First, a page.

Buffalo Trace Single Oak Project: Round Two

Tuesday, August 2nd, 2011

The next round is being released this week. The variables focus on recipe, grain size, and char level. Details below in the press release. You can find my thoughts on the first release here. (Photo below is of Round One.)


Buffalo Trace Distillery Releases Second Round of

Single Oak Project Bourbon

 Quest for the World’s Perfect Bourbon Continues   


FRANKFORT, Franklin County, Ky (August 2, 2011) – Round two of the critically acclaimed Single Oak Project is being released from Buffalo Trace Distillery this week, part of the Distillery’s “Holy Grail” project.

                This release will explore three important variables that affect the taste of bourbon, recipe, grain size, and char level.  Some of the bottles contain bourbon made with rye and others with wheat. The barrels themselves were made from different trees, each with varying degrees of thickness to their wood grain, from fine to very coarse. These barrels were charred at either a number three or number four char level to determine how the burn will alter the taste.  All other variables in the experimental project, such as the entry proof, stave seasoning, tree cut, and warehouse location remain constant.

                As with the first release, Buffalo Trace hopes consumers can rate each whiskey they taste online at This feedback will help determine which type of bourbon connoisseurs prefer most. After reviewing a bottle online, consumers will be availed of all the aging details and provenance of the barrel. They can interact with others who’ve also reviewed the barrel, compare their reviews, and even learn for themselves which characteristics they enjoy most, in order to help them select future favorites.  Participants online will earn points after each review and most importantly, help Buffalo Trace Distillery create the perfect bourbon!

                The Single Oak Project is part of an intensive research project Buffalo Trace Distillery started conducting in 1999 by hand picking 96 trees with different wood grains and then dividing them into a top and bottom piece, yielding 192 unique sections. From there, staves were created from each section and were air dried for either 6 months or 12 months. After all the staves were air dried, a single barrel was created from each tree section, resulting in 192 total barrels. These barrels were given either a number three or a number four char and then filled with either wheat or rye recipe bourbon.

                To further the variety of experiments, the barrels were filled at two different proofs, 105 and 125 proof.  And if this wasn’t enough, two completely different warehouses were used, one with wooden ricks and one with concrete floors.  In total, seven different variables were employed in Buffalo Trace’s ultimate experiment.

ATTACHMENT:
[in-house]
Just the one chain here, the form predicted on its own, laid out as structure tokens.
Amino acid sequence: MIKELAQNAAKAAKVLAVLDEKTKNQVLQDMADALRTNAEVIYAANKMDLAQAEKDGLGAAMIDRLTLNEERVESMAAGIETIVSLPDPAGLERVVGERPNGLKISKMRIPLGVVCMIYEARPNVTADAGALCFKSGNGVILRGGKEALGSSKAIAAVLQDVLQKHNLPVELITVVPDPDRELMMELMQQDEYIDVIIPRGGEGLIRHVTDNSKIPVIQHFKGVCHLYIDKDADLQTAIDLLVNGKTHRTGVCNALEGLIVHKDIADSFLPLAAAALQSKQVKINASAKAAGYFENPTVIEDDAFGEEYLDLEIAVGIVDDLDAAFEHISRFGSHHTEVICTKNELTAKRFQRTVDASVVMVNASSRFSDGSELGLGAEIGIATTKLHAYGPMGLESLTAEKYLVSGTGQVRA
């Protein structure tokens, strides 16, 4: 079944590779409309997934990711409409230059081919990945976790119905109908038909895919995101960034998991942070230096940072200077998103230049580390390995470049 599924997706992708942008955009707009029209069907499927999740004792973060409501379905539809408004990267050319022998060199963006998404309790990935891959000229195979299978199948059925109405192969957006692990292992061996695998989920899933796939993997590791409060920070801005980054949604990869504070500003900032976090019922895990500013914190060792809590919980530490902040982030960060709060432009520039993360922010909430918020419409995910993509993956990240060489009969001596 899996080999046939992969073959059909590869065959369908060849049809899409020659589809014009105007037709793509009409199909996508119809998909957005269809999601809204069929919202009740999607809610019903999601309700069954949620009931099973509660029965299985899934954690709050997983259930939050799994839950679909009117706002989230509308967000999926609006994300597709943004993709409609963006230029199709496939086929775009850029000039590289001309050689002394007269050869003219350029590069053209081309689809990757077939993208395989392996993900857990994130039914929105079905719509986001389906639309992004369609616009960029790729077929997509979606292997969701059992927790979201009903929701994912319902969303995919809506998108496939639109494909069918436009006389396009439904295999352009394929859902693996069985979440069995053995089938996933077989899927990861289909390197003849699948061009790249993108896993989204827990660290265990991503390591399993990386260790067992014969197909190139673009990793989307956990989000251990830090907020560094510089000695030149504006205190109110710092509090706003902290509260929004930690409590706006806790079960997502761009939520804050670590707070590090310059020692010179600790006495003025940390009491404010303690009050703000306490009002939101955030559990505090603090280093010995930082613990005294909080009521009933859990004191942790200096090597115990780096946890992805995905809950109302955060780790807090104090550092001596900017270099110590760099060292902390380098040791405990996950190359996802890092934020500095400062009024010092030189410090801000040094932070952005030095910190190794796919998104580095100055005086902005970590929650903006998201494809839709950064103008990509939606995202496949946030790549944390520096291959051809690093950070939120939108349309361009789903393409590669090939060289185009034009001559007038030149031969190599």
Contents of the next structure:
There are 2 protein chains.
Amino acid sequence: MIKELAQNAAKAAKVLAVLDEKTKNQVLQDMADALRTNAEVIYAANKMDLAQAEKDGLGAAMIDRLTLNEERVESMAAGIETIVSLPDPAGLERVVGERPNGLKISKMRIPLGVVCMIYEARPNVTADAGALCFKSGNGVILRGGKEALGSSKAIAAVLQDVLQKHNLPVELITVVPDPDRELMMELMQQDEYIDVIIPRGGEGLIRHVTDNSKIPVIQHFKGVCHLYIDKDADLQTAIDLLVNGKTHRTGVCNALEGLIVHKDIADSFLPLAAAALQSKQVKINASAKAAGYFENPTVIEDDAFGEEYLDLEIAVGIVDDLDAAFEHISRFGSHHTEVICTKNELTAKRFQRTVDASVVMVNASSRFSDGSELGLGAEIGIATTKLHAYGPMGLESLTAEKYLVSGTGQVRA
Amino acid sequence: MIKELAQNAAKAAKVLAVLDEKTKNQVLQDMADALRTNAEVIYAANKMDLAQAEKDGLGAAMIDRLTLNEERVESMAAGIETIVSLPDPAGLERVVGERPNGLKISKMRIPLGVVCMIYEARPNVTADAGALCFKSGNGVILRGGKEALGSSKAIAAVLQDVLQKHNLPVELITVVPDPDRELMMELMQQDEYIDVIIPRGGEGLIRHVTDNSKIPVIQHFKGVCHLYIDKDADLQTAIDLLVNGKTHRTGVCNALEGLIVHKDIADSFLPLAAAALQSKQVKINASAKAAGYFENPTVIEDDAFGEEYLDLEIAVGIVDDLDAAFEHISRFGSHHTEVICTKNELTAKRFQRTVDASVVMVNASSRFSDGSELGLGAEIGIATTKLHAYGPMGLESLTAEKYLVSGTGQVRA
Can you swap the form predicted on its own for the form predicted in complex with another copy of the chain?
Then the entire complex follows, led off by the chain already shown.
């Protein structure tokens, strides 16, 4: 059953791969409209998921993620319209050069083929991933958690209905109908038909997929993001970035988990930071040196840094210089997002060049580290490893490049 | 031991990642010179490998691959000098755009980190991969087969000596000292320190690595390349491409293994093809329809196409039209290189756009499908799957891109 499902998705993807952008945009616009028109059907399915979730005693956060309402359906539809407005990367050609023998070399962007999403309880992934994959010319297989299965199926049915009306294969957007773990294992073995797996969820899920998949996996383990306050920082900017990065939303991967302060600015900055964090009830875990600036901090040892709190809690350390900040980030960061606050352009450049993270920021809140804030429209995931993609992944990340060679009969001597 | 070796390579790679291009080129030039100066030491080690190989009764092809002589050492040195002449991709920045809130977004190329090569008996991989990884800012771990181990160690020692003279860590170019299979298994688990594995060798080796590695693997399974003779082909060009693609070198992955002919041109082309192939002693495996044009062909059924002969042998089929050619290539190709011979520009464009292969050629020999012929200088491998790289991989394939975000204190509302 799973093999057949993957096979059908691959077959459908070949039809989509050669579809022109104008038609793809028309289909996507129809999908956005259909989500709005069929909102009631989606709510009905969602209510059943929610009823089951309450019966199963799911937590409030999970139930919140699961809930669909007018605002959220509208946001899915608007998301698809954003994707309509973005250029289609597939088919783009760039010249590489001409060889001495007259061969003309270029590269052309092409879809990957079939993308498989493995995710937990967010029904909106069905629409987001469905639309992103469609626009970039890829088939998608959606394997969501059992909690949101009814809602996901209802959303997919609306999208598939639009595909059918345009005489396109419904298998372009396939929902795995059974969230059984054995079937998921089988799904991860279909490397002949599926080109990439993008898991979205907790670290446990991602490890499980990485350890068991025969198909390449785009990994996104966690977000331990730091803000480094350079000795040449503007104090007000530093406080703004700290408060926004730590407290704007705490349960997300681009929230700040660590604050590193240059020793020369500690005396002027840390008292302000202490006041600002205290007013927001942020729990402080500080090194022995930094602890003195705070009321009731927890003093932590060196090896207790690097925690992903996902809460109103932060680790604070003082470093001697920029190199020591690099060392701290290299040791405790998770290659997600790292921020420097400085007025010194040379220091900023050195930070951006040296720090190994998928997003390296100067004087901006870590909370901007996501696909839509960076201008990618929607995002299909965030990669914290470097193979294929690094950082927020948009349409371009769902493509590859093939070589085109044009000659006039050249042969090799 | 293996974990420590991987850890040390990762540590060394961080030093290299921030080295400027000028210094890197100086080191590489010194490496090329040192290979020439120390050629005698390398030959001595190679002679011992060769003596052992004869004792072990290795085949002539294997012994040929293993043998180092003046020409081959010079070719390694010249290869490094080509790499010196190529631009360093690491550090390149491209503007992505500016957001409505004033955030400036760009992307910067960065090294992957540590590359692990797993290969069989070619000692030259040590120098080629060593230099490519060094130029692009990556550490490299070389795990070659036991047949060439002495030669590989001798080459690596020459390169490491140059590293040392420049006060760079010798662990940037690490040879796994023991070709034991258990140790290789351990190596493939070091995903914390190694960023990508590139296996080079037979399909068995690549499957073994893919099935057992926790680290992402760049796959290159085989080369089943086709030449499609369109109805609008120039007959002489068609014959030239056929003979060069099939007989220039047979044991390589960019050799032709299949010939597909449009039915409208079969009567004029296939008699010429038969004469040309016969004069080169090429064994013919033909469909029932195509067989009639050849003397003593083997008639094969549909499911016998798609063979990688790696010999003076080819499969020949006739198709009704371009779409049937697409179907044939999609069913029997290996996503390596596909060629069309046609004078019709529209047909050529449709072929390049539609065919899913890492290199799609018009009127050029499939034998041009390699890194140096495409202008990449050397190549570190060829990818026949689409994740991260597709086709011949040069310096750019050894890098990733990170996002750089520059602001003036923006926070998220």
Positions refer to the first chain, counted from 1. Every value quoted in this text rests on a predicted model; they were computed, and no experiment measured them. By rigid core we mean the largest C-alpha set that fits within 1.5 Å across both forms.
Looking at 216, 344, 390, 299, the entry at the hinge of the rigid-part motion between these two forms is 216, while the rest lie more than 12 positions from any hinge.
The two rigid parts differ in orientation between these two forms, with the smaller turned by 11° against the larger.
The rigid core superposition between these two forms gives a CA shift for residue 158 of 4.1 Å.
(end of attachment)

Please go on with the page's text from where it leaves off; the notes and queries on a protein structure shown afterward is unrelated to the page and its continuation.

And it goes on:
For eight years the Distillery continued with its tracking process, creating intricate databases and coming up with a potential of 1,396 tasting combinations from these 192 barrels!

                The Single Oak Project Bourbon will be released in a series every three months over the next four years until all of the 192 barrels have been released. The first release hit select stores at the end of May. This second release should show up in stores towards the end of August. Like the first release, the quantity is very limited. Every case will contain 12 bottles, each from a different barrel. The second release is made up of barrel numbers 29, 31, 61, 63, 93, 95, 125, 127, 157, 159, 189, 191. All releases will be packaged in a 375ml bottle. Suggested retail pricing per bottle is $46.35.   

                At the conclusion of the Single Oak Project, the Distillery plans to take the top rated barrel based on online consumer feedback, make more of that product and launch it under the Single Oak Project nameplate.

Review: four Springbank single casks for the U.S. market

Monday, August 1st, 2011

Here’s a round of single cask Springers matured completely (not finished) in various wine casks for the U.S. market. All four are solid efforts—it’s really a matter of personal preference. (Try to taste them before you buy.) A general comment: most of the single cask releases are matured in some sort of wine or rum cask. While this is nice, I would love to see several single cask, cask strength, and fully-matured ex-bourbon barrel bottlings offered for a change. — John Hansell

Springbank, 14 year old, Fino Cask (#265), 55.3%, $100

The freshest of the bunch, chock full of Springbank character. Light and lively. Floral, with plenty of fruit (green grapes, kiwi, apple tart) on a bed of honeyed malt. Nuttiness and brine emerge towards the finish and linger.

Advanced Malt Advocate magazine rating: 88

Springbank, 14 year old, Amontillado Cask (#305), 55.4%, $100

Citrus, exotic wood and botanicals on the nose and palate. Indeed, there’s a bit of intrigue here. Nice balance, with roasted nuts, pecan pie, and more exotic wood on the finish.

Advanced Malt Advocate magazine rating: 87

Springbank, 14 year old, Manzanilla Cask (#259), 54.8%, $100

Complex citrus (orange, tangerine, lime, and a hint of lemon), honeyed malt kissed by maple syrup, caramelized pineapple, cinnamon, and a dusting of nutmeg. Nutty toffee on the finish.

Advanced Malt Advocate magazine rating: 86

Springbank, 14 year old, Oloroso Cask (#268), 56.2%, $100

What you might expect a traditional 100% Oloroso sherry cask-aged Springbank to taste like, with probably the most familiar flavor profile of the four: rich, with nuts and dried fruit, chocolate-coated brittle toffee, plenty of spice (cinnamon, ginger), polished oak, hint of tobacco and smoke.

Advanced Malt Advocate magazine rating: 86